So you have a colleague, friend, significant other, or child who wants to be a big success. They want to rise to the top of their work environment – to be recognized as someone who is going someplace. What advice would you have for them as to what it will take to excel?
Get an education. Not bad, and sometimes even helpful – more so if you encourage them to obtain a degree that has practical utility in the real world, i.e., develops skills that will be of real value to a prospective employer.
Know your rights, and make sure your employer treats you fairly – stand up for yourself! Ummm – not so good. This should be reduced to the following: many employers are good, and actually, most are very good if you make a genuine and significant contribution to the success of the enterprise. If you are not valuable, then there is no reason for an employer to be concerned about your satisfaction or ongoing plans to work there. In the odd instance you are valuable and yet being treated poorly, life really is short, so I suggest you fire the employer.
We often make the path to big-time success in the workplace more complicated than it need be. There are two simple pieces of advice that MindSet believes will assure success in the vast majority of workplaces.
1) Always, and under any and all circumstances, under-promise and over-perform. This is such a simple piece of advice and so easy to understand – but so hard to relentlessly practice. In MindSet training sessions, we explain why there is such a natural psychological pull for us to violate this rule; but for now, just sear it into your brain that if you want great success, you must get this behavioral pattern mastered.
2) You can carefully memorize your new job description or study the employee handbook every night before you nod off, but there is a much more effective and simple way to excel. Find out what your supervisor expects from you, and then exceed those expectations every day. And you need not play mind reader – your supervisor is almost always just a few steps, keystrokes, or a phone call away! You can check in with him or her every week to literally ask if there is anything more you could do to be helpful or better exceed his or her expectations.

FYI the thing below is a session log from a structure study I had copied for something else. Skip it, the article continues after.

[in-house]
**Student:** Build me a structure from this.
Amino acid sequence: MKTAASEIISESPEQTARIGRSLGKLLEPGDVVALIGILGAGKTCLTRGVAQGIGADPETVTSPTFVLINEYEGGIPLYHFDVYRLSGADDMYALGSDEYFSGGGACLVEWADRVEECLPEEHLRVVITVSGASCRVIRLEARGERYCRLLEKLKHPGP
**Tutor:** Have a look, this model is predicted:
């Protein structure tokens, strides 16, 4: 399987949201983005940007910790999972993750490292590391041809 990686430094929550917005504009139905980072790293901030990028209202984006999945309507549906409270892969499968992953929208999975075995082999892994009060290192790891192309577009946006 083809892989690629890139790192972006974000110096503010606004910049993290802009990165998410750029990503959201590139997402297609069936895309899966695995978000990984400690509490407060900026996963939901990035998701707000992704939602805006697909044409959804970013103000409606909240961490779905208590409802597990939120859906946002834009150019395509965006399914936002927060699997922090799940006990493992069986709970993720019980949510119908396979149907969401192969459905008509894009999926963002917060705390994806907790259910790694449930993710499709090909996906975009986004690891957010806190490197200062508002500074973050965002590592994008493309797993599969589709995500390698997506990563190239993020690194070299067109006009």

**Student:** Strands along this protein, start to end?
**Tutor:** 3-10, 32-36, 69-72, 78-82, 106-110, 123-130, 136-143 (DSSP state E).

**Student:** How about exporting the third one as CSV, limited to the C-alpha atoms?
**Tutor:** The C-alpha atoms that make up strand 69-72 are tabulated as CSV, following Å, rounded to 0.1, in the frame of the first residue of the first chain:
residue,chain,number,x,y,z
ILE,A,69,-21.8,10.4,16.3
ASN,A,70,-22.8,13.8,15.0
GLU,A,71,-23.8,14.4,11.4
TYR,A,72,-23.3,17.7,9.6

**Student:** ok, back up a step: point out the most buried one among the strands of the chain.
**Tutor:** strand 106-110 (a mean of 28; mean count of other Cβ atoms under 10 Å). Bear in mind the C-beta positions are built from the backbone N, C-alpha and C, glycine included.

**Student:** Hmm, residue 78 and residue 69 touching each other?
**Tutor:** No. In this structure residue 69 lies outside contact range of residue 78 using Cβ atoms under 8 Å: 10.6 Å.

No doubt, some reading this will see this as hopelessly old school – the boss is always right, blah blah. Actually, I am aware that the boss is not always right – but I am also aware that the boss is the boss. This advice is not given for the purpose of achieving some abstract sense of justice or maximizing profitability for the company. No – this advice is strictly given to help your colleague, friend, child, or significant other achieve a high degree of personal success within most any work setting. It is a good example of common sense still working in the real world.
End note: As the son of a school administrator and a former school psychologist myself, this is one of the reasons I cringe when I see parents who aggressively defend their wonderful little angel when they feel their child has been mistreated by a teacher, coach, or administrator. First, 90% of the time the parent is flat-out wrong (failing to maintain what MindSet calls an adequate Region of Doubt) due to the likely possibility that their child just may not have relayed the full (or 100% accurate) story. Yet even if there is a legitimate concern to be discussed with a school staff member, parents would usually do their child a service to not make their child aware of those discussions. As far as the child is concerned, unless the authority figure’s misconduct was egregious or illegal, the best parents will supportively remind their son or daughter that the teacher/coach/principal is to be respected and their directions followed. Such parenting sets a pattern for later workplace and life success.